Incidentally, I almost always just use regular old Movie Players to play my audio (as mp3's or audio only movies) since it shows me the progress bar and I can use the frequency bands to affect other parameters.


  • Tech Staff

    I like the idea of keeping the current functionality, and perhaps following the above naming recommendations to make things more clear.
    If another bin type was added to differentiate native audio from compressed audio that might also be usefull?



  • Hi Mark,

    I like Fred's suggestion, too.  But...

    Would it be an idea to keep what you have (perhaps updating the code as you wish) and create a completely new actor, "Audio File Player" or "CD Player" or something, that offers the functionality of a CD player? It might have Play, Pause, Stop, forward, reverse controls.  I'd want to keep all the other things that are there now, loop enable, play start, play length, etc., but not the chunk stuff.  It would be really, really lovely if it had a timer built into it, as well!  Just like a CD Player.  This would be really simple, operationally, for people who simply want to plplayn audio track.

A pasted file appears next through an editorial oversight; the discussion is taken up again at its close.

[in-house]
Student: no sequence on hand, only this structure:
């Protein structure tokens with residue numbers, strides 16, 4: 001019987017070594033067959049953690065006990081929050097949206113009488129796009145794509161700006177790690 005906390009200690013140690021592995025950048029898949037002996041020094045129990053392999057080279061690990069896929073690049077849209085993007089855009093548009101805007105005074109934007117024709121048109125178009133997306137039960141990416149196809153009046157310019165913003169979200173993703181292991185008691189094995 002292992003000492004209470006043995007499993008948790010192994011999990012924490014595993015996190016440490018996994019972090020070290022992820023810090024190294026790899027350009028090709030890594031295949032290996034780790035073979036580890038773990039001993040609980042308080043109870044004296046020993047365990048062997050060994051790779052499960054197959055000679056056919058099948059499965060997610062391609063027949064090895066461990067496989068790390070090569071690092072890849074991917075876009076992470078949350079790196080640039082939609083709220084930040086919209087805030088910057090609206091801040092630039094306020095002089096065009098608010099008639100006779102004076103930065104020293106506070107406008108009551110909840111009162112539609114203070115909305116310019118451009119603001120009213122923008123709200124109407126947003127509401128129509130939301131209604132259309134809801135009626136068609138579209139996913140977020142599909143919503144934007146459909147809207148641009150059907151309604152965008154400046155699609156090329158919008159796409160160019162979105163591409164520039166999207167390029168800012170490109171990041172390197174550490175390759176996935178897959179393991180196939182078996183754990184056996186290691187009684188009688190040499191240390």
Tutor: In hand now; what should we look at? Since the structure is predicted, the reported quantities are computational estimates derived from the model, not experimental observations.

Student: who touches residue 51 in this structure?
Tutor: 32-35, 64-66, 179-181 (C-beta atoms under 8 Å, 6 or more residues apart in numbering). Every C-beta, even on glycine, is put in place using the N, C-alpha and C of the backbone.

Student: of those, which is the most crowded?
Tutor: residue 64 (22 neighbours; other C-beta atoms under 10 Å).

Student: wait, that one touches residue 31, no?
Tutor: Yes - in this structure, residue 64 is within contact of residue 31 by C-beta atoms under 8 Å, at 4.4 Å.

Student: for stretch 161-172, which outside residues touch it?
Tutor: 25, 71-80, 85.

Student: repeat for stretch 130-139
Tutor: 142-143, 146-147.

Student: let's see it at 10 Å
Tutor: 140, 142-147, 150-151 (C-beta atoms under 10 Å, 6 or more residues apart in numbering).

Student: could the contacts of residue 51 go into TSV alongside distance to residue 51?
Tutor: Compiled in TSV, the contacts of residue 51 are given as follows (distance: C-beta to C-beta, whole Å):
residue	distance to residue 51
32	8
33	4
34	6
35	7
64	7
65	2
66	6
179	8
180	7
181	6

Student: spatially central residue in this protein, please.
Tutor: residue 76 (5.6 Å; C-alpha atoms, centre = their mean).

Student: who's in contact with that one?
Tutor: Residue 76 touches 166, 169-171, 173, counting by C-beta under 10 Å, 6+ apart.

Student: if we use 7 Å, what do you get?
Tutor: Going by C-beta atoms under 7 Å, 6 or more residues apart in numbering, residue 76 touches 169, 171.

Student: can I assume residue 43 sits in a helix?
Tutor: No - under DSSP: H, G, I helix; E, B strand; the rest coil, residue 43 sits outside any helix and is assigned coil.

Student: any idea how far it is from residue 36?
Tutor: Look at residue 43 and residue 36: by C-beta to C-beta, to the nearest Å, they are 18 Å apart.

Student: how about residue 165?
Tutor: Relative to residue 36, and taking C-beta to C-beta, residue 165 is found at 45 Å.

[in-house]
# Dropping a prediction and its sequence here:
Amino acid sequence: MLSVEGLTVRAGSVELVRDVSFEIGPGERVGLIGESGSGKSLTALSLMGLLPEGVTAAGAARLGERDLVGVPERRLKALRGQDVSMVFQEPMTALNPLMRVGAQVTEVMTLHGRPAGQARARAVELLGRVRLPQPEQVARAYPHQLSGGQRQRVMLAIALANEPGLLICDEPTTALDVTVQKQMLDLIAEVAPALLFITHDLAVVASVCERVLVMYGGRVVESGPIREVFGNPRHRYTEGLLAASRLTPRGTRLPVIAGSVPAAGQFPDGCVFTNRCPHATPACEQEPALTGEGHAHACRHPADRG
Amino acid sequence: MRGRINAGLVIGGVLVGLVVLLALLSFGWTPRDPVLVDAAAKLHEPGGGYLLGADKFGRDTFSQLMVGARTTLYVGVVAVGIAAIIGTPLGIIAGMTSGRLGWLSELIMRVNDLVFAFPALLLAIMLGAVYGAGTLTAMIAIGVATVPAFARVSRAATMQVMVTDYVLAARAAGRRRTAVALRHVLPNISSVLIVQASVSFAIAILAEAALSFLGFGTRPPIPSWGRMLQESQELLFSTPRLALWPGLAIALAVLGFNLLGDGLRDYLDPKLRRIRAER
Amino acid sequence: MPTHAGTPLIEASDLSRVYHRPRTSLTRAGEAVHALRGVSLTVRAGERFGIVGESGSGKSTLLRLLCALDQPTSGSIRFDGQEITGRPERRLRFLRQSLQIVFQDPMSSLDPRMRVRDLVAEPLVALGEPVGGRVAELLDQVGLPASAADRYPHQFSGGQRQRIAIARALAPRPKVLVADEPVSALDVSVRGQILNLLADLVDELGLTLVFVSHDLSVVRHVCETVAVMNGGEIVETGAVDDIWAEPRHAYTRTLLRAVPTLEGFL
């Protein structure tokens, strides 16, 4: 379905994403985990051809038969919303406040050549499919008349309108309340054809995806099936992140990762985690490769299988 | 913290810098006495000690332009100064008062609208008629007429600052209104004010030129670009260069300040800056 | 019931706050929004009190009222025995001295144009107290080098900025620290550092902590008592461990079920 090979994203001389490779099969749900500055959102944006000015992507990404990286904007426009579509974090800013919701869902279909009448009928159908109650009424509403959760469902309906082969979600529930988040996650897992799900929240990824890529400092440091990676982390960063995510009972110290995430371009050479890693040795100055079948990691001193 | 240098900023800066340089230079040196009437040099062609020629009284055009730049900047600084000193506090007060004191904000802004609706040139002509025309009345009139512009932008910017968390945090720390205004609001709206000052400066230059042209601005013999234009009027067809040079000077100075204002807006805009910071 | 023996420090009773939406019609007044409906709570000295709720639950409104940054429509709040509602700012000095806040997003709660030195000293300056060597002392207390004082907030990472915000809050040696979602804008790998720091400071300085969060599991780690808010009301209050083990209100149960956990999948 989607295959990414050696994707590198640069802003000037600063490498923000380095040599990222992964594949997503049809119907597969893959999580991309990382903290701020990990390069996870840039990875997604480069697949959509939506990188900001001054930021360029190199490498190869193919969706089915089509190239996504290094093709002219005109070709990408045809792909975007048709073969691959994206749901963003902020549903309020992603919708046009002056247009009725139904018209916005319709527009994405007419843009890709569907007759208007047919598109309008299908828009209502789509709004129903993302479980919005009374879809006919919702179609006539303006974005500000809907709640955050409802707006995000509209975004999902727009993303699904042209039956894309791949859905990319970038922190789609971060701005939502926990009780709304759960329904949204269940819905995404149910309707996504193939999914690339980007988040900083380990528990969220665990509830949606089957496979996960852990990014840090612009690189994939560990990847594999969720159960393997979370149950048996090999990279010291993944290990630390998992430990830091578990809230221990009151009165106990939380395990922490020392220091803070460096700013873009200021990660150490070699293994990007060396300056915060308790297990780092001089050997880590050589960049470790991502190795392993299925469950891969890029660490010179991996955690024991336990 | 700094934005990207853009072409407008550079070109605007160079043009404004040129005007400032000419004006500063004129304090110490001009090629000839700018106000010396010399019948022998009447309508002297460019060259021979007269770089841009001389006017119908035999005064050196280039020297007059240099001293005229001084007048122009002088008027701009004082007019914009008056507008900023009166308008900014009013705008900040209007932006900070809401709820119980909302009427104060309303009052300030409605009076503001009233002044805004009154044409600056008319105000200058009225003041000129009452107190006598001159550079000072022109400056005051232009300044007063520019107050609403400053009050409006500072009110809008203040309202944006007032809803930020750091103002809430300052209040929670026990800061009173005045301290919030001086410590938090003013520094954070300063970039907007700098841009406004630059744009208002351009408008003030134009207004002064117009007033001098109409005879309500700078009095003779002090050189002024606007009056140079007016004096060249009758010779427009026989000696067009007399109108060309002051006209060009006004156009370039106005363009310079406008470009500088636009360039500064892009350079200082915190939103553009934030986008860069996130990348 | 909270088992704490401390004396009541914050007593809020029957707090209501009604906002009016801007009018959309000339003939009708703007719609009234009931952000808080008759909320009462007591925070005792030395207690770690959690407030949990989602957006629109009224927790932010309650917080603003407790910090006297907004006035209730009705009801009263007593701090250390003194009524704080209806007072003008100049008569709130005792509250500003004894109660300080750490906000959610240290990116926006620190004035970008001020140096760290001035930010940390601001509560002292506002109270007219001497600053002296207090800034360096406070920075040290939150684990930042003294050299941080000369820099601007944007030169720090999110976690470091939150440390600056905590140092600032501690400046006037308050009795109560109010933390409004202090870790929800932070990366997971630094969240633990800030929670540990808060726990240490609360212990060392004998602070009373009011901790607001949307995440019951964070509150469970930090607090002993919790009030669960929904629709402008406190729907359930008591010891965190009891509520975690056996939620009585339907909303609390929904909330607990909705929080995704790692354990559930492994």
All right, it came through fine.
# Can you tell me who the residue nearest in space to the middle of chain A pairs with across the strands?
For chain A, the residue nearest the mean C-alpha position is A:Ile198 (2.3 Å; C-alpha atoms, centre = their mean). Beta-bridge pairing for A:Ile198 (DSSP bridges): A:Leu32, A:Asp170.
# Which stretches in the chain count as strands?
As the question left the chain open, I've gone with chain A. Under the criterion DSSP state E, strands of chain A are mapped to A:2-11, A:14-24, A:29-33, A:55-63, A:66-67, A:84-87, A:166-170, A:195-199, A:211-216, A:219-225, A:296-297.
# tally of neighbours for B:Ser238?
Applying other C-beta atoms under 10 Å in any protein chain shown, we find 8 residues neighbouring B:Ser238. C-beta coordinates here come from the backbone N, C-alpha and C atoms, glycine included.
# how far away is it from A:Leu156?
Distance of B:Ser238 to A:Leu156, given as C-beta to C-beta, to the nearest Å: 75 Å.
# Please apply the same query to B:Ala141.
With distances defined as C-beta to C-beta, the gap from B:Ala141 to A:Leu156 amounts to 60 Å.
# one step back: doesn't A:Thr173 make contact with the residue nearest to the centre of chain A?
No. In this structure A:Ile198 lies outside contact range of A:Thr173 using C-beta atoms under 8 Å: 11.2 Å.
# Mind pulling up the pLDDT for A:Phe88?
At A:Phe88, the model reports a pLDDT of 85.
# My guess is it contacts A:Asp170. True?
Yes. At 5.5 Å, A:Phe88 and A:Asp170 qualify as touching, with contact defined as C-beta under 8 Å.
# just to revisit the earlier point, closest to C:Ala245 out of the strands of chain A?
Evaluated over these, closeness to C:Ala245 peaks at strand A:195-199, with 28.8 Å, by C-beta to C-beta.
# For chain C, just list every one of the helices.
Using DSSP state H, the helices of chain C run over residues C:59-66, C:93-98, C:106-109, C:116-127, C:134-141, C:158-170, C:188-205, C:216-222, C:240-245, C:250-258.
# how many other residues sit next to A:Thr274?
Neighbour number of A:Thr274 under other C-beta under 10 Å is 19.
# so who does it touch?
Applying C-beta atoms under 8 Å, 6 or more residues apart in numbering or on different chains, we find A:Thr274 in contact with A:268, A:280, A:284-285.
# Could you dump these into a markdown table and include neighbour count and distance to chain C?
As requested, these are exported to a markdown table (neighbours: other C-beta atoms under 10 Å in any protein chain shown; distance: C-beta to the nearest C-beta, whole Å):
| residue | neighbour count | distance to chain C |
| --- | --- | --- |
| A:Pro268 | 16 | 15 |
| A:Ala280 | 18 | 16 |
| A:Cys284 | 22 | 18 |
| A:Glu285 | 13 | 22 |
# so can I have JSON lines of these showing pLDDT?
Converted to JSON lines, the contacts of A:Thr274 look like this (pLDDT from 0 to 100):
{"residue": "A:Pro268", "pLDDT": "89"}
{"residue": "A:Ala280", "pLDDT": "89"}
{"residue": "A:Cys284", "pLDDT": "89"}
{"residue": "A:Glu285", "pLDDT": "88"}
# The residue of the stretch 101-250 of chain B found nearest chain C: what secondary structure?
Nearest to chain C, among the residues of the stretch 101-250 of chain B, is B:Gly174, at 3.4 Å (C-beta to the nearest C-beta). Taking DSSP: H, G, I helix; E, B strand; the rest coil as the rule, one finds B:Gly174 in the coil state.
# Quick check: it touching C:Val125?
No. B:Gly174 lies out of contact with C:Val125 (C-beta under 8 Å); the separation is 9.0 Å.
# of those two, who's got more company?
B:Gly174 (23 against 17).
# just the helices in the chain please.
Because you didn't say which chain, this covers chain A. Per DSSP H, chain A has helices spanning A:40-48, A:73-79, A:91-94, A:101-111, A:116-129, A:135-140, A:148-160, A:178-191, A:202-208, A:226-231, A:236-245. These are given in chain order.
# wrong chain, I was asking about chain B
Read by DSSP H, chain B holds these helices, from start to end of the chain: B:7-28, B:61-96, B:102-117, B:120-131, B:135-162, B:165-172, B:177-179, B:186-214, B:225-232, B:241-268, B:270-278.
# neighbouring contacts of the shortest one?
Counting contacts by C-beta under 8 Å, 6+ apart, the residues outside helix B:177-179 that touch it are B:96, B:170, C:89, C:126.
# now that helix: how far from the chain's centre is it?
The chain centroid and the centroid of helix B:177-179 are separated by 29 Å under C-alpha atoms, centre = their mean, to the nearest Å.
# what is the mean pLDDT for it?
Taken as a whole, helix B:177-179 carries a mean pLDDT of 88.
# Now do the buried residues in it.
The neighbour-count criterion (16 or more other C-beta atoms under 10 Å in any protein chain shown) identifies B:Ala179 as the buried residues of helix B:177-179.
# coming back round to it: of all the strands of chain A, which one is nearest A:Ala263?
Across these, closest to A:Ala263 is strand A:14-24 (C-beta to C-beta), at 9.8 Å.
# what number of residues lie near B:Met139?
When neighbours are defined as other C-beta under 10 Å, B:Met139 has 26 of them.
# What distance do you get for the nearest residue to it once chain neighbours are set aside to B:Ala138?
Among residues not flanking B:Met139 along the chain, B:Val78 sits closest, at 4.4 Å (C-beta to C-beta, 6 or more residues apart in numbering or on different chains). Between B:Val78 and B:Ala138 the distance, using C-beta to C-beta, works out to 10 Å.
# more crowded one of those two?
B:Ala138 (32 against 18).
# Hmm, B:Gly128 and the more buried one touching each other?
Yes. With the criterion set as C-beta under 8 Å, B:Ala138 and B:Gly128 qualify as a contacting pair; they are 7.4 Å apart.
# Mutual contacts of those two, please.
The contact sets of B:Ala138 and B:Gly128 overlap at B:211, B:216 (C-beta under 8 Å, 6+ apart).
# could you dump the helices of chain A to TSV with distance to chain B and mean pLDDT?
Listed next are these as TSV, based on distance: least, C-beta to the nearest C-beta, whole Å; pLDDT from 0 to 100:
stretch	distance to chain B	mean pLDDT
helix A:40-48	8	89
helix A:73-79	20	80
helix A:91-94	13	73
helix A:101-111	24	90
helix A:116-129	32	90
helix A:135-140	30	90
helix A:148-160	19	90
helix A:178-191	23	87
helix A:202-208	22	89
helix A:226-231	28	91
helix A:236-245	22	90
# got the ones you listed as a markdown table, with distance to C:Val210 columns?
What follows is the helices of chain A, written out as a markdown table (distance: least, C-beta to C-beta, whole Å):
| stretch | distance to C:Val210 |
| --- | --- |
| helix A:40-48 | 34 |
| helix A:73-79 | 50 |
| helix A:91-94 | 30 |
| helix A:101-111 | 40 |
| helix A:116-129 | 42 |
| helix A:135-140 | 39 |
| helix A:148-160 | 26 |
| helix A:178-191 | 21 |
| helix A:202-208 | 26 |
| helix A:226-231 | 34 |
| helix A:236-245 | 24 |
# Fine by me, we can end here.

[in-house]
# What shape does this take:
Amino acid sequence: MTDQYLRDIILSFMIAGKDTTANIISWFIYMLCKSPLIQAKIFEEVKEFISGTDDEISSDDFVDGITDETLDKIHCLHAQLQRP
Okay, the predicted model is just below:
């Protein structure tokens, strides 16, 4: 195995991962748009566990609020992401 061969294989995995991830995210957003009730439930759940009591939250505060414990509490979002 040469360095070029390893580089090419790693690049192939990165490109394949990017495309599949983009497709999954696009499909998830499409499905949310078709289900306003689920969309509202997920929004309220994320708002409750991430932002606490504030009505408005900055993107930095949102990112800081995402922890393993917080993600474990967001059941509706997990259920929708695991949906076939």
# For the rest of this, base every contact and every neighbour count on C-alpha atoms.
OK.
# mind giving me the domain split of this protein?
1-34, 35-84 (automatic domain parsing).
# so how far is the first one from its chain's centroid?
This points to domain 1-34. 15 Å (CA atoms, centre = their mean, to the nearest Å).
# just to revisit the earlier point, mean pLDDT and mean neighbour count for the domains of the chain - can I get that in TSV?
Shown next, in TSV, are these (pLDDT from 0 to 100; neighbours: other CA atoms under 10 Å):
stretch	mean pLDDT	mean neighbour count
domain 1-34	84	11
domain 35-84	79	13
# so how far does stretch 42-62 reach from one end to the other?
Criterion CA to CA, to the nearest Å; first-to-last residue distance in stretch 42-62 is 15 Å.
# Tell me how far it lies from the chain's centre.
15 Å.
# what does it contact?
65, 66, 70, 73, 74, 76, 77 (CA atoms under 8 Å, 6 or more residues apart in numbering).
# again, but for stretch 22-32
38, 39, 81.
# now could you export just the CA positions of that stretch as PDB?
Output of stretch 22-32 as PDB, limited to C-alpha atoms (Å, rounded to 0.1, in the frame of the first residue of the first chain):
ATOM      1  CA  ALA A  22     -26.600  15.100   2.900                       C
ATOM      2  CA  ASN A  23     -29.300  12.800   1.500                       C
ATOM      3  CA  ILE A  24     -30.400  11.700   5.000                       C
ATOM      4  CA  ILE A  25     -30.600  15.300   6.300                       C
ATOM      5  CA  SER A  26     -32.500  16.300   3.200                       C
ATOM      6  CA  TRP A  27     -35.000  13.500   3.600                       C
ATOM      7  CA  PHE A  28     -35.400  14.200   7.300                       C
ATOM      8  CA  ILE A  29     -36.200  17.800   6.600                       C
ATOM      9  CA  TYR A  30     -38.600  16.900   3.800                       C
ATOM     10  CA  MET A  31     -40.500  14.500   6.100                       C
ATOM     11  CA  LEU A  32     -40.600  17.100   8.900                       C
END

I'd also love to seen an Audio Mixer Actor in which we could adjust all the things that one does in a mixer, such as EQ...  Or maybe, to keep it simple an "EQ Actor"?  Actually, an EQ Actor makes sense.  I don't have a clue what that means from a programming point of view, though!

    I realize this doesn't directly answer your question, but it does address the things I really miss in the audio section of Isadora.

    Cheers,

    Hugh


  • Tech Staff

    I like the idea of CitizenJoe, leave as it is and add a new actor that acts like a cd player.
    @citizenjoe the audio core version has an EQ.

    Best,
    Michel


  • Tech Staff

    I agree with @Michel on @citizenjoe comments. A CD like actor would fit the bill for me.

    I think it would be more intuitive for new users/student also.


  • @Michel,  I laughed when I read your comment about The Core version having an EQ Actor.  Of course, I'm on Win7!

    Cheers,

    Hugh



  • I would also love to see the frequency band outputs that exist on the movie player actor on the sound player and the AU sound player.

    While we are on the subject, it would be great to have an audio output on the movie player, so I could run the audio on movies through core audio effects.